The instrument tended to be used in ensembles, or as an accompanying instrument for a singer, more than in solo works, but there’s still some lovely unaccompanied repertoire for it. French guitarist, composer, and music publisher Adrian Le Roy’s collection of sheet music is some that has survived fully intact:

Adrain Le Roy’s Second livre de guiterre, 1555

The Baroque (c.1650-c.1750)

Sometime in the early 17th century, someone had the bright idea of adding an extra low string to the guitar.

Now a five-course instrument, the Baroque guitar was a fashionable item in France thanks to King Louis XIV’s fondness for it. It’s also thanks to him that composers Francesco Corbetta and Robert de Visée had jobs, since both of them were employed as court guitarists. Unfortunately their music doesn’t get played particularly often on the modern guitar, mainly because of the huge timbral differences from Baroque instruments to modern.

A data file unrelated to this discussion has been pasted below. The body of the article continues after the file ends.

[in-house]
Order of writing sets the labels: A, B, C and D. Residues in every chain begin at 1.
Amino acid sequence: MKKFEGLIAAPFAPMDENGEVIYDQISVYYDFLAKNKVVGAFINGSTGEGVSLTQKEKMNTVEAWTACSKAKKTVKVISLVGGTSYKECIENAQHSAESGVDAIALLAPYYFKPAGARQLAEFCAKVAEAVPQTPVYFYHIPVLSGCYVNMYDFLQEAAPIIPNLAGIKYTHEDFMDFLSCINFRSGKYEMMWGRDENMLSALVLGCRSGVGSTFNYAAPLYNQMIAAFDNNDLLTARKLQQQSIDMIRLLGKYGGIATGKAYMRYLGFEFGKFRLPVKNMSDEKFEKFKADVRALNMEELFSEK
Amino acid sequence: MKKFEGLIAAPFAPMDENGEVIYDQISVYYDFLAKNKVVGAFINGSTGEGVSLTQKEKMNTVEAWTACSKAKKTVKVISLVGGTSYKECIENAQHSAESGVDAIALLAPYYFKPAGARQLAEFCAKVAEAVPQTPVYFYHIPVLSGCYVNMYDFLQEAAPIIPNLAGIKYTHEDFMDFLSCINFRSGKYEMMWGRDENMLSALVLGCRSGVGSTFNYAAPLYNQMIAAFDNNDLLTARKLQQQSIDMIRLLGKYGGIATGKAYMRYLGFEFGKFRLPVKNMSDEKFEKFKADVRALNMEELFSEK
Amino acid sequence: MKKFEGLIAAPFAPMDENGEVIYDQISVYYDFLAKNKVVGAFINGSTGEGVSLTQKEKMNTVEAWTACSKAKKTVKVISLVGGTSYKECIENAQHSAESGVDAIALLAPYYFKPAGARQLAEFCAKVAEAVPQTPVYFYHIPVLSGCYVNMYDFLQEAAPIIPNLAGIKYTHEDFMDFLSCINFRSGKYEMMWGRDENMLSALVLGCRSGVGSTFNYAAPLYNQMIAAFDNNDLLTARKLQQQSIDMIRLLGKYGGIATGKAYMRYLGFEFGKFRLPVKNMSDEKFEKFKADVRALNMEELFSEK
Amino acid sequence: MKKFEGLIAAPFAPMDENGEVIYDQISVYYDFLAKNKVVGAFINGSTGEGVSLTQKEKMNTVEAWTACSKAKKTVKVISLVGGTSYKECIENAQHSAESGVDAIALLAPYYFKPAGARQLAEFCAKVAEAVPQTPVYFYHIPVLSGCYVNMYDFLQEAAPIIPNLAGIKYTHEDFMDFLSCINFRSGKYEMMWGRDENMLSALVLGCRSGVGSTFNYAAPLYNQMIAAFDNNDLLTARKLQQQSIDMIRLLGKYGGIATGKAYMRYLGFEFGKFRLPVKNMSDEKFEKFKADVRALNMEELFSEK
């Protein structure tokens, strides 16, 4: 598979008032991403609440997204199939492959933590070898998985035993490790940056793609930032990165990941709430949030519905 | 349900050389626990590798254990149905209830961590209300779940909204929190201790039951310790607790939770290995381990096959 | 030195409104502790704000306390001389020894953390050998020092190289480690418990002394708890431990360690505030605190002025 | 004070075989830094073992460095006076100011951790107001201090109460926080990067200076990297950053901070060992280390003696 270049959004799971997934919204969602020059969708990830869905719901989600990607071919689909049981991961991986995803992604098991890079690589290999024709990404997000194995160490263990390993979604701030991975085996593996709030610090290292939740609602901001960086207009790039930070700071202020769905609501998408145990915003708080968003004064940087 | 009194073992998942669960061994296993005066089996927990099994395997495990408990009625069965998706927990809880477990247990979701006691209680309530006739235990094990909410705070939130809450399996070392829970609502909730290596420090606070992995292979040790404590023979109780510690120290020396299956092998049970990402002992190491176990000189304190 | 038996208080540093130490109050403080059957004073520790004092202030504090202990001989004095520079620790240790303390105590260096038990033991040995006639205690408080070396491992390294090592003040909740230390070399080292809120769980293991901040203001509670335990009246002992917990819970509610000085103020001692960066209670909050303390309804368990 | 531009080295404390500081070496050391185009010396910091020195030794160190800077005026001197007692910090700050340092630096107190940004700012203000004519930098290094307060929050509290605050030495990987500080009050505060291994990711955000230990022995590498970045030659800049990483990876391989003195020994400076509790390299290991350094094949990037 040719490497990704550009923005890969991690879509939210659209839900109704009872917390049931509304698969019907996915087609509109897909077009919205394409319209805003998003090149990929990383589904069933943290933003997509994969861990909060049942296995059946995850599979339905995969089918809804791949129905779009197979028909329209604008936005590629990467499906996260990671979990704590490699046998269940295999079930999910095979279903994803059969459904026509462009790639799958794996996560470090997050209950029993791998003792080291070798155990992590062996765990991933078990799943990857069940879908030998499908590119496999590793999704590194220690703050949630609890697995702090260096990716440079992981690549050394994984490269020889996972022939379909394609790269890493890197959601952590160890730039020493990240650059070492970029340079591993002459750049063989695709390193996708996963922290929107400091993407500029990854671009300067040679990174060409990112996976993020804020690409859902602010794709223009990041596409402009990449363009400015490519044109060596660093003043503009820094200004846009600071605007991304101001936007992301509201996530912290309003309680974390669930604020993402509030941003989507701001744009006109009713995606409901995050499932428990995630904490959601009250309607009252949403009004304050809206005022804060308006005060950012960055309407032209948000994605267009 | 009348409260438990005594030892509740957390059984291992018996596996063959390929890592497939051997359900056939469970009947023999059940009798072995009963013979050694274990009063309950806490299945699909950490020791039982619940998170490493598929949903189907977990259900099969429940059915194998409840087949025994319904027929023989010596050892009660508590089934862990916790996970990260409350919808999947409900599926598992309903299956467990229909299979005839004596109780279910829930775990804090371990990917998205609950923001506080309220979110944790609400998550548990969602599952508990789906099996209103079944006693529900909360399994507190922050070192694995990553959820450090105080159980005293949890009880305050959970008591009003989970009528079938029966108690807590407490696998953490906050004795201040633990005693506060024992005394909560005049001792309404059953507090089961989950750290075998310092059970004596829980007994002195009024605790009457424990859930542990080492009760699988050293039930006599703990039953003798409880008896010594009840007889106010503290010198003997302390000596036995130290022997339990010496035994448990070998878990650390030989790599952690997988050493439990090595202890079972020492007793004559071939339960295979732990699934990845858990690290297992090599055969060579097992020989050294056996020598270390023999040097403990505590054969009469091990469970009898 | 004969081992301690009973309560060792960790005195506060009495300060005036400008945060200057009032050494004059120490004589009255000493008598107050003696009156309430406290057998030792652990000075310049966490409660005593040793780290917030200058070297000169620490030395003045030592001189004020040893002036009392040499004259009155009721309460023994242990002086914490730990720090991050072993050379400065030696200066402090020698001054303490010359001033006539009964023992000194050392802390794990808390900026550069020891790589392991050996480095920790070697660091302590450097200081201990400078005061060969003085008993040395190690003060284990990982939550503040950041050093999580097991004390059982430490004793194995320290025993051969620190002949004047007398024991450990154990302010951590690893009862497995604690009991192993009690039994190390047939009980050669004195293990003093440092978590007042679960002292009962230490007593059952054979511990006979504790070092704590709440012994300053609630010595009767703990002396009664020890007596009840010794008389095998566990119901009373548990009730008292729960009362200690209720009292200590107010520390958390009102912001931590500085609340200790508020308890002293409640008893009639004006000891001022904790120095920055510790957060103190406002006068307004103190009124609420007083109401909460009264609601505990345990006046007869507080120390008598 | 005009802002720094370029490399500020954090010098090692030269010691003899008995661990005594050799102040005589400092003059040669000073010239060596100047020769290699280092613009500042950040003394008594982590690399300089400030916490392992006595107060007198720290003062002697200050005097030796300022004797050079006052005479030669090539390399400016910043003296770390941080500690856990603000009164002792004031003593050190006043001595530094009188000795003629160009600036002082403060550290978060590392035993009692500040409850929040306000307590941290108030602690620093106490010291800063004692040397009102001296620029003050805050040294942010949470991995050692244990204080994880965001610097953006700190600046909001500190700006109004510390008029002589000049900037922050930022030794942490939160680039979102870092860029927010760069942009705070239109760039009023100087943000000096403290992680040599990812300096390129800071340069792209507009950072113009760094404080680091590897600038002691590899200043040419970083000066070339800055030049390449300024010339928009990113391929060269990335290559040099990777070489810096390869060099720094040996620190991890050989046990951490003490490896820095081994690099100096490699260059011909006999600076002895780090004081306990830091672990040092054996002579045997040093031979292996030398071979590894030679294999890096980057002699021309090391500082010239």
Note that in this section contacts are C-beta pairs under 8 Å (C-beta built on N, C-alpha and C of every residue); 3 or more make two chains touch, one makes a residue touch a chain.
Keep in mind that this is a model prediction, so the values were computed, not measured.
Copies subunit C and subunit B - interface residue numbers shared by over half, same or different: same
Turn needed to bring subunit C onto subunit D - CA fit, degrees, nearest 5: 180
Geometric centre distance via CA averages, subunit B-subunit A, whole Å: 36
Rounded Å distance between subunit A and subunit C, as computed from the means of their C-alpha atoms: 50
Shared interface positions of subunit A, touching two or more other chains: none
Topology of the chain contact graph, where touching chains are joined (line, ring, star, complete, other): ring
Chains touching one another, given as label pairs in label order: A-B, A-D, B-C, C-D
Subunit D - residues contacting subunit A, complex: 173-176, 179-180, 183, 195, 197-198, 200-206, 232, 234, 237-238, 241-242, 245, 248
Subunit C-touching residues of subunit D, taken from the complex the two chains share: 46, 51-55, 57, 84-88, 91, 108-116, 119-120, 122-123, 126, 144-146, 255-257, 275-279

Gaspar Sanz was the most important Spanish guitar composer of the time, and music from his three-book Instrucción de Música sobre la Guitarra Española actually does get played. A fair few of the pieces are based on dances, and the “big hit” is “Canarios,” based on a dance from the Canary Islands.

Speaking of Baroque guitars, here’s a fun fact for the history lovers: There are only five Stradivarius guitars in the world, and only one is in playable condition. Only restored a few years ago, it’s literally invaluable.

Classical (c.1750-c.1830)

Early Romantic guitar (ca.1830, Paris) by Jean-Nicolas Grobert

In the late 1700s, guitars started to be strung with single strings instead of paired courses. Naturally, there are heaps of theories as to why, but one of the most convincing is also the most prosaic — six single strings are much cheaper than doubled strings. Generally, the instrument at this time was still fairly small and didn’t have a raised fingerboard, instead having the higher frets inlaid straight into the wood.